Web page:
Engineers at the University of California Berkeley have created a thin film, inspired by the skin of chameleons, that changes colors when pulled or stretched.
According to Berkeley.edu, the "skin," a film of silicon a thousand times thinner than a human hair, could be applied as camouflage or used to show stress on structures, by changing colors when a surface bends or flexes.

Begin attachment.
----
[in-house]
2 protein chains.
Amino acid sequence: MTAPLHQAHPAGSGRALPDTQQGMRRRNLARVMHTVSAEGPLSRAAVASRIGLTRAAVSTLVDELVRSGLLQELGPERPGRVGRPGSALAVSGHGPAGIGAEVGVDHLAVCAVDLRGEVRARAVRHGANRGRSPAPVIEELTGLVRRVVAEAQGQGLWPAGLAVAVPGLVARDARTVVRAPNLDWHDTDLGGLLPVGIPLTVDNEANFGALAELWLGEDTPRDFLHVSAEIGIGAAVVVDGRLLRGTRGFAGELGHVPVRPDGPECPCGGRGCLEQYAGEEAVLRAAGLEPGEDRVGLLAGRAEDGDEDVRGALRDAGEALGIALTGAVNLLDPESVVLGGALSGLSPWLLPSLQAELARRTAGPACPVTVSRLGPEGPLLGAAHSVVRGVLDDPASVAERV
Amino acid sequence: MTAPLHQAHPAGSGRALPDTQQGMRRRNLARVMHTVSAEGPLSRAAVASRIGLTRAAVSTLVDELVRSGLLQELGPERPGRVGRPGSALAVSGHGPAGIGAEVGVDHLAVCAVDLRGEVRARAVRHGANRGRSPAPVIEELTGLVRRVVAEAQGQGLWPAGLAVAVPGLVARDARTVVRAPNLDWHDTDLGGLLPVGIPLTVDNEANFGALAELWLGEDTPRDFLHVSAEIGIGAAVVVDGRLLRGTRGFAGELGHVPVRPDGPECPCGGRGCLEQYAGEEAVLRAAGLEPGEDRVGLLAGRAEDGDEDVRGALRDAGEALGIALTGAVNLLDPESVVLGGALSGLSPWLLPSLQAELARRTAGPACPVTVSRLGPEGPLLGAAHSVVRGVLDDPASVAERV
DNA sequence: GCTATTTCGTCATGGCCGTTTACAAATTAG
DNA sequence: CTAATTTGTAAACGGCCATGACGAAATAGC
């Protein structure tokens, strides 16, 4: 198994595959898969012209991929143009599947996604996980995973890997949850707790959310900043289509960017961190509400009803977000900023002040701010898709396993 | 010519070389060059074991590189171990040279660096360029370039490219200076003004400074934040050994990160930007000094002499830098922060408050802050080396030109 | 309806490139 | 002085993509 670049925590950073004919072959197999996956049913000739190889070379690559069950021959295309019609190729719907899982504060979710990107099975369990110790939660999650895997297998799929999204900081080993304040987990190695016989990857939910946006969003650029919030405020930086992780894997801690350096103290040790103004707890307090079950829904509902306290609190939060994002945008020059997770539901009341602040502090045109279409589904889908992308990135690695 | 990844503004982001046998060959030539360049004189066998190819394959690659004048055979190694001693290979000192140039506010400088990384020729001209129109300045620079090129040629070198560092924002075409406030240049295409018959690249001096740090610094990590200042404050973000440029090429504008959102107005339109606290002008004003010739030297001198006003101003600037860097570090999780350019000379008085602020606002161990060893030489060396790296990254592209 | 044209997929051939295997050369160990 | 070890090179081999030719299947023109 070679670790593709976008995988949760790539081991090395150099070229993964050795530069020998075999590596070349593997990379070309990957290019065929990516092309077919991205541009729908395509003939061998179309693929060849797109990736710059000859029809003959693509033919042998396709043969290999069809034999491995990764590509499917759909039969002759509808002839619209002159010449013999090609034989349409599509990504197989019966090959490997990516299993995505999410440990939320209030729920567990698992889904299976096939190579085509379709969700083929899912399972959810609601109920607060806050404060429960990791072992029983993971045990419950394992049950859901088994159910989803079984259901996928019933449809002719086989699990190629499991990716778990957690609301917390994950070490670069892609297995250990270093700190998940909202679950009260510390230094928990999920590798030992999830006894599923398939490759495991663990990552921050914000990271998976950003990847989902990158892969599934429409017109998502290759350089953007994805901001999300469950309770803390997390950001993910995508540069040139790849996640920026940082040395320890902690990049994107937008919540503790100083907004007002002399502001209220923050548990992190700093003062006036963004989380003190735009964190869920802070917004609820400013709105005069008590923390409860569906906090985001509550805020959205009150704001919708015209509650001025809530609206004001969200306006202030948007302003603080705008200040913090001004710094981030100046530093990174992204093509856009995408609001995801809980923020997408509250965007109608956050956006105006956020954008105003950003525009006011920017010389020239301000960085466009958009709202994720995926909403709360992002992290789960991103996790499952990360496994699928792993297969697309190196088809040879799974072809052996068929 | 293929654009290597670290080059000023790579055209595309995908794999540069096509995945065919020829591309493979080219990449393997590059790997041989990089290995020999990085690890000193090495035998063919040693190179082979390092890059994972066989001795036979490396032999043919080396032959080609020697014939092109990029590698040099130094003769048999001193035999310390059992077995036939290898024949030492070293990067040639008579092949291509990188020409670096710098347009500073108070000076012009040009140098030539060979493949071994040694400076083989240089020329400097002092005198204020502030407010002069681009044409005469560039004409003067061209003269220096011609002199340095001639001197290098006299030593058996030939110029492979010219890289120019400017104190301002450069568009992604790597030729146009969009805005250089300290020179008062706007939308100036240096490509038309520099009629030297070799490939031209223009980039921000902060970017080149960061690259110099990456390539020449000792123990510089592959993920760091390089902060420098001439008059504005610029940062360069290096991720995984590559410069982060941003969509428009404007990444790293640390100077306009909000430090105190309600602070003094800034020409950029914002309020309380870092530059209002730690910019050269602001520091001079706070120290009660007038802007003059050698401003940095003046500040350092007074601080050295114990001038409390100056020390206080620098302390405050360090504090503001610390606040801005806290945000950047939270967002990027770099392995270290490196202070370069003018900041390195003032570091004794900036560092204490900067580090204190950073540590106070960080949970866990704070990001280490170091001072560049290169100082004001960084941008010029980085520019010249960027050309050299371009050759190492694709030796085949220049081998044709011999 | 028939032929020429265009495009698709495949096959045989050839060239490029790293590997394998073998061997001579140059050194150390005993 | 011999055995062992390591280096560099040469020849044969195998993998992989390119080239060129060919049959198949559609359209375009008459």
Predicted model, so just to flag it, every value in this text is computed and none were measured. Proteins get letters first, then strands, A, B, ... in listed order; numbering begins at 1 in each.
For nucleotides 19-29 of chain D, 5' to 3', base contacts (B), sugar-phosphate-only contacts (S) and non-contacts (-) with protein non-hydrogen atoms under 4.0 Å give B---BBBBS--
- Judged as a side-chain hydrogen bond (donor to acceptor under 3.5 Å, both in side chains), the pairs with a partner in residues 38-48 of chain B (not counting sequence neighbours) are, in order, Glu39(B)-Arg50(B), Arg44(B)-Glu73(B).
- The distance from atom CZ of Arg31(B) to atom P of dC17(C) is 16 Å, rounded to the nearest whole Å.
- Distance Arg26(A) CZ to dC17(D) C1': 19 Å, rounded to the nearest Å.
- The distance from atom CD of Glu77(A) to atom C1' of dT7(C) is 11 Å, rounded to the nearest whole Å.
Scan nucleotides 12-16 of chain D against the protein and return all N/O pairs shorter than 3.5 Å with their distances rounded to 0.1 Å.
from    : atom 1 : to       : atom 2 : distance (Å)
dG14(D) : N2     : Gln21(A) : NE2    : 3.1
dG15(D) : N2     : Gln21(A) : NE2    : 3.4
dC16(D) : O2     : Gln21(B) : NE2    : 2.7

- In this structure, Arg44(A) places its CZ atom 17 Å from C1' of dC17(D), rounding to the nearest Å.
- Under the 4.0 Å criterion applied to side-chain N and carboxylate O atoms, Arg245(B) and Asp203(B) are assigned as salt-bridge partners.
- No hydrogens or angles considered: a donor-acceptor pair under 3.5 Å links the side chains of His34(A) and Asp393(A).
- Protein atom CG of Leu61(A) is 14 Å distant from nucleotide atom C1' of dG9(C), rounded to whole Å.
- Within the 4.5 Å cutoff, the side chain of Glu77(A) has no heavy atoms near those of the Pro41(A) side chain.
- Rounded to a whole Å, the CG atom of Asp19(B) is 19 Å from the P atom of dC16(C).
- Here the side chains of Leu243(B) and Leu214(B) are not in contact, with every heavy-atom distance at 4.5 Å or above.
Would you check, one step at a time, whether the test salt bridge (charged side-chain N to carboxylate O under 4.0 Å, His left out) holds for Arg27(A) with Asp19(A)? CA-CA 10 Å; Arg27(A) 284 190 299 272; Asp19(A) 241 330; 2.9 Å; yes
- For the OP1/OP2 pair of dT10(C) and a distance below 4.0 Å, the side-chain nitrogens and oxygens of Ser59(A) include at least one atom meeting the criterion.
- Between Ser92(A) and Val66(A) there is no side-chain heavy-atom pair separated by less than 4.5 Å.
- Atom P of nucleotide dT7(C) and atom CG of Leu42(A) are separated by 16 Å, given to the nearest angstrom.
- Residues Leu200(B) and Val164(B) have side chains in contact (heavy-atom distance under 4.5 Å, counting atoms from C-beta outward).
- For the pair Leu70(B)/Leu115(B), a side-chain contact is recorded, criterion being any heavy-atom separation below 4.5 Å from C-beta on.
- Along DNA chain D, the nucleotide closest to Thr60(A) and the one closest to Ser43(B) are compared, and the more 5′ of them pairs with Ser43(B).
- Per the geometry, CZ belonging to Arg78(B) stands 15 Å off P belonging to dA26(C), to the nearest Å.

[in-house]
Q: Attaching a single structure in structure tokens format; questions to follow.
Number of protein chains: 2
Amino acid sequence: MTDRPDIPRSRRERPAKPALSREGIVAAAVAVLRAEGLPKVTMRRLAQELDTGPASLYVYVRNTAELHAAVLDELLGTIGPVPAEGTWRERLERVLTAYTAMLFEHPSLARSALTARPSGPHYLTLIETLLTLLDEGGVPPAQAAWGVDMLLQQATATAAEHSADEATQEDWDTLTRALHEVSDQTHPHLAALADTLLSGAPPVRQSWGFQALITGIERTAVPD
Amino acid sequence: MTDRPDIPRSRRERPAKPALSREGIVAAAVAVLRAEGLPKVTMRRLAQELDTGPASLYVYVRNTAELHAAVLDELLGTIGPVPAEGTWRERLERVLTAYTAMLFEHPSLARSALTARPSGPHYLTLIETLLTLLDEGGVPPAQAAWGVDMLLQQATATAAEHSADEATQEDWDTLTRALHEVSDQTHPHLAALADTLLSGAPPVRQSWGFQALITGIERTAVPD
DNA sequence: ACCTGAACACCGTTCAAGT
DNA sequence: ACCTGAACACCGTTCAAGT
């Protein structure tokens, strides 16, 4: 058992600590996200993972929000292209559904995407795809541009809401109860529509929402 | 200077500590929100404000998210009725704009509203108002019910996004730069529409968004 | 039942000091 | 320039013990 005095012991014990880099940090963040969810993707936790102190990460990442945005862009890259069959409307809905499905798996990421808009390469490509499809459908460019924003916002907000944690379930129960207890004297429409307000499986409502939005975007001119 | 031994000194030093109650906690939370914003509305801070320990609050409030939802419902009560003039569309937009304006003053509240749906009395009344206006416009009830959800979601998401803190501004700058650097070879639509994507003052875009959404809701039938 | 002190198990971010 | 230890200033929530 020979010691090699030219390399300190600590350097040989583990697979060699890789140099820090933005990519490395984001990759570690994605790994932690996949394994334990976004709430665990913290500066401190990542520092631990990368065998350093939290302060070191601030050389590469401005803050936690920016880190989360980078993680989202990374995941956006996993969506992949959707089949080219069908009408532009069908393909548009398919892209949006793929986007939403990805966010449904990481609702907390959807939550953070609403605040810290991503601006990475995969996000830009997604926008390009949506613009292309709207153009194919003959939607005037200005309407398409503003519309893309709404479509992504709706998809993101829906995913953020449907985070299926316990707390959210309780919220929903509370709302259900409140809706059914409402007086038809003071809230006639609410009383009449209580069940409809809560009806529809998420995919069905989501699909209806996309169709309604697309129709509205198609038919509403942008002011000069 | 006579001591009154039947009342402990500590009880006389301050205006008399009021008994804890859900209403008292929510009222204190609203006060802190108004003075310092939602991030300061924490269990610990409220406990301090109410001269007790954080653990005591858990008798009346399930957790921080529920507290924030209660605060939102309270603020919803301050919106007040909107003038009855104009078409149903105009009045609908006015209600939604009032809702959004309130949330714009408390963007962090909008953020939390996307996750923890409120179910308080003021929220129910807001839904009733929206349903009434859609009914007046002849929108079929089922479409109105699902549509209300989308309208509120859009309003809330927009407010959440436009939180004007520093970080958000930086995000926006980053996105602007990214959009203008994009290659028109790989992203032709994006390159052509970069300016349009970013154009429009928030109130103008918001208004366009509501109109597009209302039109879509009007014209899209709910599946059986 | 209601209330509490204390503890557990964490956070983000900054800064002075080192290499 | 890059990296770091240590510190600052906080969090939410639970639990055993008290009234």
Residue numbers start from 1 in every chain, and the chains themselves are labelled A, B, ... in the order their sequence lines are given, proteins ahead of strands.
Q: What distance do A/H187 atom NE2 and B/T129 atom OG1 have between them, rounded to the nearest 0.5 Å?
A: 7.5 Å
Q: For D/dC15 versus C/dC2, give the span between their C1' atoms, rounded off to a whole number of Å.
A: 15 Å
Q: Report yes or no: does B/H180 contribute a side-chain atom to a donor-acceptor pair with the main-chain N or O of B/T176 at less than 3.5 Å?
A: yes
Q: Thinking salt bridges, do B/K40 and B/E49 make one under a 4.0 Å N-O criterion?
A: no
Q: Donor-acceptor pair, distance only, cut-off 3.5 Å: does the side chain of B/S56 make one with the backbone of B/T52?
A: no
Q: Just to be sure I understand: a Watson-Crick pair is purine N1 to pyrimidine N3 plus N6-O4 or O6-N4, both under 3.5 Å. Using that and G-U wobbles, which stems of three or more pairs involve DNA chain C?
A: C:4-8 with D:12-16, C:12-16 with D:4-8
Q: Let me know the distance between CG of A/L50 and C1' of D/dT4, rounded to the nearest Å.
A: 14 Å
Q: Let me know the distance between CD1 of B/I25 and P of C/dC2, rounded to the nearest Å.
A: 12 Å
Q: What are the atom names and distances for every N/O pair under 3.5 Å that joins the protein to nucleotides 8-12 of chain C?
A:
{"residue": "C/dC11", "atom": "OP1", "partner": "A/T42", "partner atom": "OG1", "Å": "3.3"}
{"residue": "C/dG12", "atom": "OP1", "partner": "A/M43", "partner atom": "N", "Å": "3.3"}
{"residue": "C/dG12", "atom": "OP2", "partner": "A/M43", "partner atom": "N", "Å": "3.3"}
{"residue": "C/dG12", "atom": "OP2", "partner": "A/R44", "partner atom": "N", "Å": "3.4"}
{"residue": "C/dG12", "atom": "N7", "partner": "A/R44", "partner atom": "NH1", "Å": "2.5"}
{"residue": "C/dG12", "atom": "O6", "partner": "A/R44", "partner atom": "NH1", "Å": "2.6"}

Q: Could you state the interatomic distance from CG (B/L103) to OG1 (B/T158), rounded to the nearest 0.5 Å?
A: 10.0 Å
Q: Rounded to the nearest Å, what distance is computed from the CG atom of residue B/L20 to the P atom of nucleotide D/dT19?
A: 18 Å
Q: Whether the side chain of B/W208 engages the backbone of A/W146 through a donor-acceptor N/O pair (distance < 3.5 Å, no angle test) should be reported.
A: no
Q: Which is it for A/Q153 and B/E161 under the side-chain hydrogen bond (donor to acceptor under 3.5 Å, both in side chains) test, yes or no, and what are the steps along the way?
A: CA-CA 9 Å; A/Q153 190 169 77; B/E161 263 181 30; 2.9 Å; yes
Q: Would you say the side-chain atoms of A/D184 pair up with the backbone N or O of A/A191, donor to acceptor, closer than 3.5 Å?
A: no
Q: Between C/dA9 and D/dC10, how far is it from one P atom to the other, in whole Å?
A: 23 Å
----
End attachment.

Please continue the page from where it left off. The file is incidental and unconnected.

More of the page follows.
Scientists in Switzerland revealed earlier this week that chameleons change colors, not by altering the pigment in their skin, but by adjusting the way their cells absorb and reflect light, according to Sciencemag.org. The color-changing skin, developed by Connie Chang-Hasnain and her team of researchers, works in a similar way.
“The coolest thing is that you can hold the sample film and stretch it to see the colorful effect," Chang-Hasnain told Berkeley.edu.